Tag Archives: Barbados
It’s that time of year, once again, when we look back at the year that was and weigh our accomplishments. Well, you always hope that there are accomplishments worthy of looking back on. If nothing else, there’s always weighing the regrets.
Anyway, last year I posted my favorite images from 2011 – Eleven for ’11. Naturally, this year it’s 12 for ’12. They are all favorites of mine for a reason, although the reasons may not be so obvious to everyone else. Nonetheless, I’ll try to give some insight. So here they are listed in chronological order, starting this past January.
Just another brutal day in paradise, I posted earlier in the year. I think what I liked best about this image is that it was completely secluded. I didn’t have to clone out a single human.
One of my favorite things about this image is that it was taken from a very popular vantage point in Yosemite National Park. Still I was able to come away with something unique and original, thanks to the thickening fog in the valley.
The location, the light, and the effort to get there (I led three of my clients who opted for the backcountry extension to the Patagonia workshop up this steep, ice-covered trail to be here by sunrise) were all factors in this image making the cut.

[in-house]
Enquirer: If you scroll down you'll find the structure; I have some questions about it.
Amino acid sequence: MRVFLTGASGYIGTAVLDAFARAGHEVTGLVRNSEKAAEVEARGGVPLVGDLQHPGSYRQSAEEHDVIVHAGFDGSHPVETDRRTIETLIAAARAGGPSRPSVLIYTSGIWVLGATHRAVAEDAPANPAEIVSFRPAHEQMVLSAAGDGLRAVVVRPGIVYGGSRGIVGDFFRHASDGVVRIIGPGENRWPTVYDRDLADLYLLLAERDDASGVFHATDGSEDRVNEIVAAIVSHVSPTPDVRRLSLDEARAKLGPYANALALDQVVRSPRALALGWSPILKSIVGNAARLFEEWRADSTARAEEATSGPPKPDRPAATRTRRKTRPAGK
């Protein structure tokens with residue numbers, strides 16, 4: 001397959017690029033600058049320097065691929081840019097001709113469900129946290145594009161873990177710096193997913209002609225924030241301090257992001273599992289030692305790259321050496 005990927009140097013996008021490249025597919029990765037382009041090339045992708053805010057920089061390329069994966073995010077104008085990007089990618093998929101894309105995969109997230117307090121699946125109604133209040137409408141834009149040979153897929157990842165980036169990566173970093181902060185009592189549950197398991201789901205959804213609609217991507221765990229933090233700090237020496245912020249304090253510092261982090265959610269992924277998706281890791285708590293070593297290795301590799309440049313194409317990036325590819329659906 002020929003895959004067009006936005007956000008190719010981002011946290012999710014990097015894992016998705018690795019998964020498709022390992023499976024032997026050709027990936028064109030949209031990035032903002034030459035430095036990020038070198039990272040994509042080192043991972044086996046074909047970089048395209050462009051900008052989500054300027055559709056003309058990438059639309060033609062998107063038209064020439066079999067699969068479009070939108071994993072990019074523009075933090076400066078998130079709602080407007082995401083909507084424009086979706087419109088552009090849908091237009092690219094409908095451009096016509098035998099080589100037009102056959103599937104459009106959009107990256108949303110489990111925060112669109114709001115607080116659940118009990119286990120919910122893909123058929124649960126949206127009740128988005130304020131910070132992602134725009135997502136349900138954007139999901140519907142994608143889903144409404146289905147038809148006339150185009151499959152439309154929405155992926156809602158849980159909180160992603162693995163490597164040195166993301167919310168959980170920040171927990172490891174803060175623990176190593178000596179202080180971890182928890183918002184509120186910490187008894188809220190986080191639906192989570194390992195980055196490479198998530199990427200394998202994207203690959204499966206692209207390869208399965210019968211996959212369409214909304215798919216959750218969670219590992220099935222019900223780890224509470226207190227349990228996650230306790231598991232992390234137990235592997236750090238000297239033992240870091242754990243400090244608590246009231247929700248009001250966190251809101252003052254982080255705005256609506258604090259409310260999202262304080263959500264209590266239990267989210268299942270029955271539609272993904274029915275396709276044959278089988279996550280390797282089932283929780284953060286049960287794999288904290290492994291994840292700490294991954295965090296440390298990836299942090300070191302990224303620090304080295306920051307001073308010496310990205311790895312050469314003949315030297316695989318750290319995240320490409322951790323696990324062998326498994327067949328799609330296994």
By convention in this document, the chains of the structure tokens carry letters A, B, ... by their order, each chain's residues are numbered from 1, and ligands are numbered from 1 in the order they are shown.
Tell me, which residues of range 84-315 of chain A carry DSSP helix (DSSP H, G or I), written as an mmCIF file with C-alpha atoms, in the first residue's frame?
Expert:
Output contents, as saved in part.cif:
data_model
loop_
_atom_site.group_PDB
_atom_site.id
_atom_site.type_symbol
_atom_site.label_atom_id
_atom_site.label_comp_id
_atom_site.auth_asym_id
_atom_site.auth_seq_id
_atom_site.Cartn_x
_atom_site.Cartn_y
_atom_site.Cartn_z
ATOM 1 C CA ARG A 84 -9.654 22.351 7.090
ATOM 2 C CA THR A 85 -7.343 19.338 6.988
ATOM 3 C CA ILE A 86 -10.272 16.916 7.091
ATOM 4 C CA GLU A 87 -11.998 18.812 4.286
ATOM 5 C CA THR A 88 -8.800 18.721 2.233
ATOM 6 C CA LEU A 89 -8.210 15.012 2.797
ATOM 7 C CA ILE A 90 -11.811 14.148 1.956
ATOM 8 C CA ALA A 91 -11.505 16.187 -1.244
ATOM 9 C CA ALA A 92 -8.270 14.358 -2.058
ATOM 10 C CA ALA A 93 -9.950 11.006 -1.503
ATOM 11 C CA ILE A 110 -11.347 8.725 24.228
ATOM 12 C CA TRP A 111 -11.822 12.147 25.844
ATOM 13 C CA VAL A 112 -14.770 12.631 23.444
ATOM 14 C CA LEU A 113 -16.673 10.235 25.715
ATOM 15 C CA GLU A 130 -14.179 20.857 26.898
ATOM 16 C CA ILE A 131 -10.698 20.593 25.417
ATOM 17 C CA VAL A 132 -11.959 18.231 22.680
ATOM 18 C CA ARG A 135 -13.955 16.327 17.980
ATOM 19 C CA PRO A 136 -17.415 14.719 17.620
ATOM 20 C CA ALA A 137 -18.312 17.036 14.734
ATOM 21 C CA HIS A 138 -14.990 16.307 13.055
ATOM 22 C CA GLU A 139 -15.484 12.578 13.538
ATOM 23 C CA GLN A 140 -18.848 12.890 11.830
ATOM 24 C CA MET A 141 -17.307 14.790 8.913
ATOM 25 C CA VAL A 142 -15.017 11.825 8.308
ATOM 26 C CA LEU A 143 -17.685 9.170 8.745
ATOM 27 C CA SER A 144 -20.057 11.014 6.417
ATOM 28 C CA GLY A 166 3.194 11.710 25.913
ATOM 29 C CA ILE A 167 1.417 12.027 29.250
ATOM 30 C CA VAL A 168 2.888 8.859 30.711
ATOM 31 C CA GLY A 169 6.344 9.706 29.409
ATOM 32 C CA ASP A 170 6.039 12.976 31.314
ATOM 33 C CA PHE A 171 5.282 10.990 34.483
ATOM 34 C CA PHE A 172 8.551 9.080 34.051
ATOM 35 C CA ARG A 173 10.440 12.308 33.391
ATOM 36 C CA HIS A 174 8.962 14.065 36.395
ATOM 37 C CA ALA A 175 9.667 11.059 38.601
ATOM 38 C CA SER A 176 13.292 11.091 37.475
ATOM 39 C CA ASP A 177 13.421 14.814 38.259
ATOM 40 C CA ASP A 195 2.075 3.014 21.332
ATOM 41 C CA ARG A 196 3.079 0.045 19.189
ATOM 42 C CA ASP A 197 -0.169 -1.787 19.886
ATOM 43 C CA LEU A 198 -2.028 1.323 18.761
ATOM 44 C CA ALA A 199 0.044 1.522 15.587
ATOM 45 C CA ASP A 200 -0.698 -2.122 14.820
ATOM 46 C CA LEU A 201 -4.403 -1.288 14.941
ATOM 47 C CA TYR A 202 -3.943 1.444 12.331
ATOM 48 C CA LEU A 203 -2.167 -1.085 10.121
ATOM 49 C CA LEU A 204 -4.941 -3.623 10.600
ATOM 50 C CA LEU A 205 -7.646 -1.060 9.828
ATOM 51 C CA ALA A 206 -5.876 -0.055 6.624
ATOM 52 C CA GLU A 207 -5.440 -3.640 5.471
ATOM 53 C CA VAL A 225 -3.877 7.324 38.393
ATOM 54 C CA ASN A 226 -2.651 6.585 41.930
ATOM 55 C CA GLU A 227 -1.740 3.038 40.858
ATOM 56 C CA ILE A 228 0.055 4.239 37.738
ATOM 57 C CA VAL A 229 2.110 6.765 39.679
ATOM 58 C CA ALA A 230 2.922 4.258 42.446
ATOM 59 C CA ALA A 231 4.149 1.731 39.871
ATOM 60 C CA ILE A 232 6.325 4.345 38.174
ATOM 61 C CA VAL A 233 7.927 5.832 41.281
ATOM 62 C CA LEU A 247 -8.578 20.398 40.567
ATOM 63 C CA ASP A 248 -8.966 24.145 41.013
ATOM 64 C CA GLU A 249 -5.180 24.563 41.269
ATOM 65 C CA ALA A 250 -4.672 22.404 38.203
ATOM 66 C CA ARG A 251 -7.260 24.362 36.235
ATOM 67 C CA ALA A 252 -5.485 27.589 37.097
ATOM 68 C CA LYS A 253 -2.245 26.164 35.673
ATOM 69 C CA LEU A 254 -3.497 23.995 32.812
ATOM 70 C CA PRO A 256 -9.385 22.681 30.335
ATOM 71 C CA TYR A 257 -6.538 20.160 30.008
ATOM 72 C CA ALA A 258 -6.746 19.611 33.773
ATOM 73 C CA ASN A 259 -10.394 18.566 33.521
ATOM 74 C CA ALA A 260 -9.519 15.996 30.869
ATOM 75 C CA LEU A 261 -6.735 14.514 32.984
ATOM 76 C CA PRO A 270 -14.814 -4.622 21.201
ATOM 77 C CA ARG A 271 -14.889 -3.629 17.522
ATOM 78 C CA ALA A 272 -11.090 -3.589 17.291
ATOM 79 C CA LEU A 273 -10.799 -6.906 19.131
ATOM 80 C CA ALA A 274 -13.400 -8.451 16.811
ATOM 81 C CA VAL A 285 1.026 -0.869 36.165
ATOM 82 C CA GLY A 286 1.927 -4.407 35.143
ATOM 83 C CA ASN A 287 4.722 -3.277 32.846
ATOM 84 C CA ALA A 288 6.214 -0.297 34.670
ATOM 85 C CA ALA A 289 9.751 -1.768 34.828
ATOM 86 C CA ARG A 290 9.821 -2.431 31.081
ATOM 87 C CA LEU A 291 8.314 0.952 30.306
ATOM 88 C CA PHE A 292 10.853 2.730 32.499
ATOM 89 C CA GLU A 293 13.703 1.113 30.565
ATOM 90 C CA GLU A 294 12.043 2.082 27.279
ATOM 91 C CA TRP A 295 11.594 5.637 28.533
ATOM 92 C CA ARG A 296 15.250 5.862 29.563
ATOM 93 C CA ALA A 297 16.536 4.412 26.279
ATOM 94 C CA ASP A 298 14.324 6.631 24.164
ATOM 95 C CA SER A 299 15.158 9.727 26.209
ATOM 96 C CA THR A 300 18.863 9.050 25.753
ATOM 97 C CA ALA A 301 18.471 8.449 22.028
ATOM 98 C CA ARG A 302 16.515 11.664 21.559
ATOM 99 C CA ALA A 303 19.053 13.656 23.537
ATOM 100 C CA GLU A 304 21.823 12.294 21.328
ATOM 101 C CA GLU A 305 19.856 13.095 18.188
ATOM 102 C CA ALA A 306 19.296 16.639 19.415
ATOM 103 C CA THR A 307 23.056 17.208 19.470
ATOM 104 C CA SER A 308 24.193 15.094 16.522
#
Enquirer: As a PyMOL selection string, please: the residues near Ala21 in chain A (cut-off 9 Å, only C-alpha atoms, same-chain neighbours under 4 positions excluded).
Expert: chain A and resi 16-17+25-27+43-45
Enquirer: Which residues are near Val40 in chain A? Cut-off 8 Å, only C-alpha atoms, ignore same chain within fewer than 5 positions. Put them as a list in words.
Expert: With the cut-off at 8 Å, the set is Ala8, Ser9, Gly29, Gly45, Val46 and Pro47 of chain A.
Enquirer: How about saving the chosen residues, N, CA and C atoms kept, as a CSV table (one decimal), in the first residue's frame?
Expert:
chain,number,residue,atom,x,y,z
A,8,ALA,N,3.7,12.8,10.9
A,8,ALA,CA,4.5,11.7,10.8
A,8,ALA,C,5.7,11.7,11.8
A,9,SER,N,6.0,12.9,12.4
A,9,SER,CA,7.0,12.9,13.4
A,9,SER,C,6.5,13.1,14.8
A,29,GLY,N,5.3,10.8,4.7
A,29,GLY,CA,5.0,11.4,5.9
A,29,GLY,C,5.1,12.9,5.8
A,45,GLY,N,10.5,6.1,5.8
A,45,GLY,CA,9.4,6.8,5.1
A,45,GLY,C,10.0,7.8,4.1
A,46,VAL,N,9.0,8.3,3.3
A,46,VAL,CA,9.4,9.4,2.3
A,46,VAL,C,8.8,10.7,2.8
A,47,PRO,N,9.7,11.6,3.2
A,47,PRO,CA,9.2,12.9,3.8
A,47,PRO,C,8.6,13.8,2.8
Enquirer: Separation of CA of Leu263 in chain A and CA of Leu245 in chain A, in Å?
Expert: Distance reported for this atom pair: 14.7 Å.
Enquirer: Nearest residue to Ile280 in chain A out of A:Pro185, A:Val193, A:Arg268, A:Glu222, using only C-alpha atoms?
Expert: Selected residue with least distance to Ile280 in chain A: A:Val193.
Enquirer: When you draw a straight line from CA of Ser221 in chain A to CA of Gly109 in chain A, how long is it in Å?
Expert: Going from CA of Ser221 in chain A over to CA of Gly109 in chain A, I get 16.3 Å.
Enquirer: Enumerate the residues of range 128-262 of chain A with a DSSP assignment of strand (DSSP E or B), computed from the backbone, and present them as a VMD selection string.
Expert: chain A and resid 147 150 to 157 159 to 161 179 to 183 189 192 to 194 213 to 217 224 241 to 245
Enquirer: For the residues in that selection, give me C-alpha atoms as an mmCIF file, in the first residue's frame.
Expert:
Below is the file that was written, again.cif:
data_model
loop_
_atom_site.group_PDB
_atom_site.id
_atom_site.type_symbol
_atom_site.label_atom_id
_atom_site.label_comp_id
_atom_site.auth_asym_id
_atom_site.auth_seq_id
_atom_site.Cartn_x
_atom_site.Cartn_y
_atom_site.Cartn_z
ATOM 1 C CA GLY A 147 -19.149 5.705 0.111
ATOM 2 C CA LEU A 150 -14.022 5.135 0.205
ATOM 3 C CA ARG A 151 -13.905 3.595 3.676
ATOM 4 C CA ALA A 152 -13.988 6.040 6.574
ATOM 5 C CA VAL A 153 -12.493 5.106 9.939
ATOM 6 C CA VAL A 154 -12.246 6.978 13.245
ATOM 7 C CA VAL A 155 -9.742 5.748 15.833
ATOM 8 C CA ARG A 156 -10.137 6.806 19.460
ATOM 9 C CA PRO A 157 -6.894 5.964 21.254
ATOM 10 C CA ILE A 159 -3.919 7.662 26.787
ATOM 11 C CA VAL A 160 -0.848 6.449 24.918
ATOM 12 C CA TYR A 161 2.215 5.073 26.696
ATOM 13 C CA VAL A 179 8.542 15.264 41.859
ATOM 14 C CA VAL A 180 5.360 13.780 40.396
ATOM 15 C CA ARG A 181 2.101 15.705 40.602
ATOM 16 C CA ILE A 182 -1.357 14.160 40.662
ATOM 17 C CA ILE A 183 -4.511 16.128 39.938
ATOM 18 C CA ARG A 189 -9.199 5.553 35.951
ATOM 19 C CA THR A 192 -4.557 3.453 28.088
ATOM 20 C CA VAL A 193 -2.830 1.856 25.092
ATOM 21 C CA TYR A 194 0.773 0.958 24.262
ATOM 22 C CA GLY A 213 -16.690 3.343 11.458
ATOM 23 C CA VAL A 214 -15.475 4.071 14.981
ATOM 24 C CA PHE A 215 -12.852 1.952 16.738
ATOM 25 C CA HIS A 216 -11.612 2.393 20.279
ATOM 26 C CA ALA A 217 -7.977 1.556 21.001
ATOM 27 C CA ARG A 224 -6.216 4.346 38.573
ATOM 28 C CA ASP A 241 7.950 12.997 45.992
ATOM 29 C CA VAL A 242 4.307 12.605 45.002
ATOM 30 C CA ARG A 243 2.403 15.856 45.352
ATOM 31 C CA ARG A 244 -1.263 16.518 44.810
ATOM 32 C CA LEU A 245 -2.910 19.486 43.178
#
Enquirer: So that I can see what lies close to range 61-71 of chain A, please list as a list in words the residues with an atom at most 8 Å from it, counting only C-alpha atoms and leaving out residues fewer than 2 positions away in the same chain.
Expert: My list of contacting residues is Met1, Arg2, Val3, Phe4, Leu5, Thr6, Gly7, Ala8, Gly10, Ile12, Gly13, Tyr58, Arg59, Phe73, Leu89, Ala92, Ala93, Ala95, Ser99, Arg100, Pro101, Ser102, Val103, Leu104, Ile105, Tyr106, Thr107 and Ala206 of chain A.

The low-angled light sweeping over the textured sandstone, the dynamic leading lines, the cloud movement during this 30-second exposure make this a clear favorite of mine. I don’t practice many black and white conversions but I was surprised to find two in my favorites for 2012.
I love night photography and Arches National Park is one of my favorite places to “do it in the dark.” Ok, shameless plug here: Night photography, Arches National Park, November 6-9, 2013. Thanks for listening.
Amazing sunset. Paris, France. What else is there to say?
Persistance. I waited four nights in order to get light that I was looking for at this location. I was prepared for a 5th, if necessary.
The Decisive Moment, as Henri Cartier-Bresson might describe this image. This is only one image frame in an entire sequence I posted back in September: Life and Death in Katmai.
If I had a “home” national park, the Smokies would be it. This image captures the essence of the Great Smoky Mountains National Park perhaps better than any other I have taken in the past dozen years or so.
Rain, rain, and more rain with some impenetrable fog and gloomy skies – but for a brief 40-seconds of optimism. And I was ready.
This is as much sun and light as you will get in northern Iceland in December. But oh what lovely light it is…
I had never seen the northern lights before, despite two previous summer trips to Iceland and two summer trips to Alaska. The aurora is what brought me to Iceland in the depths of winter and I was not disappointed.
Thanks for sharing 2012 with me.
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December 27, 2012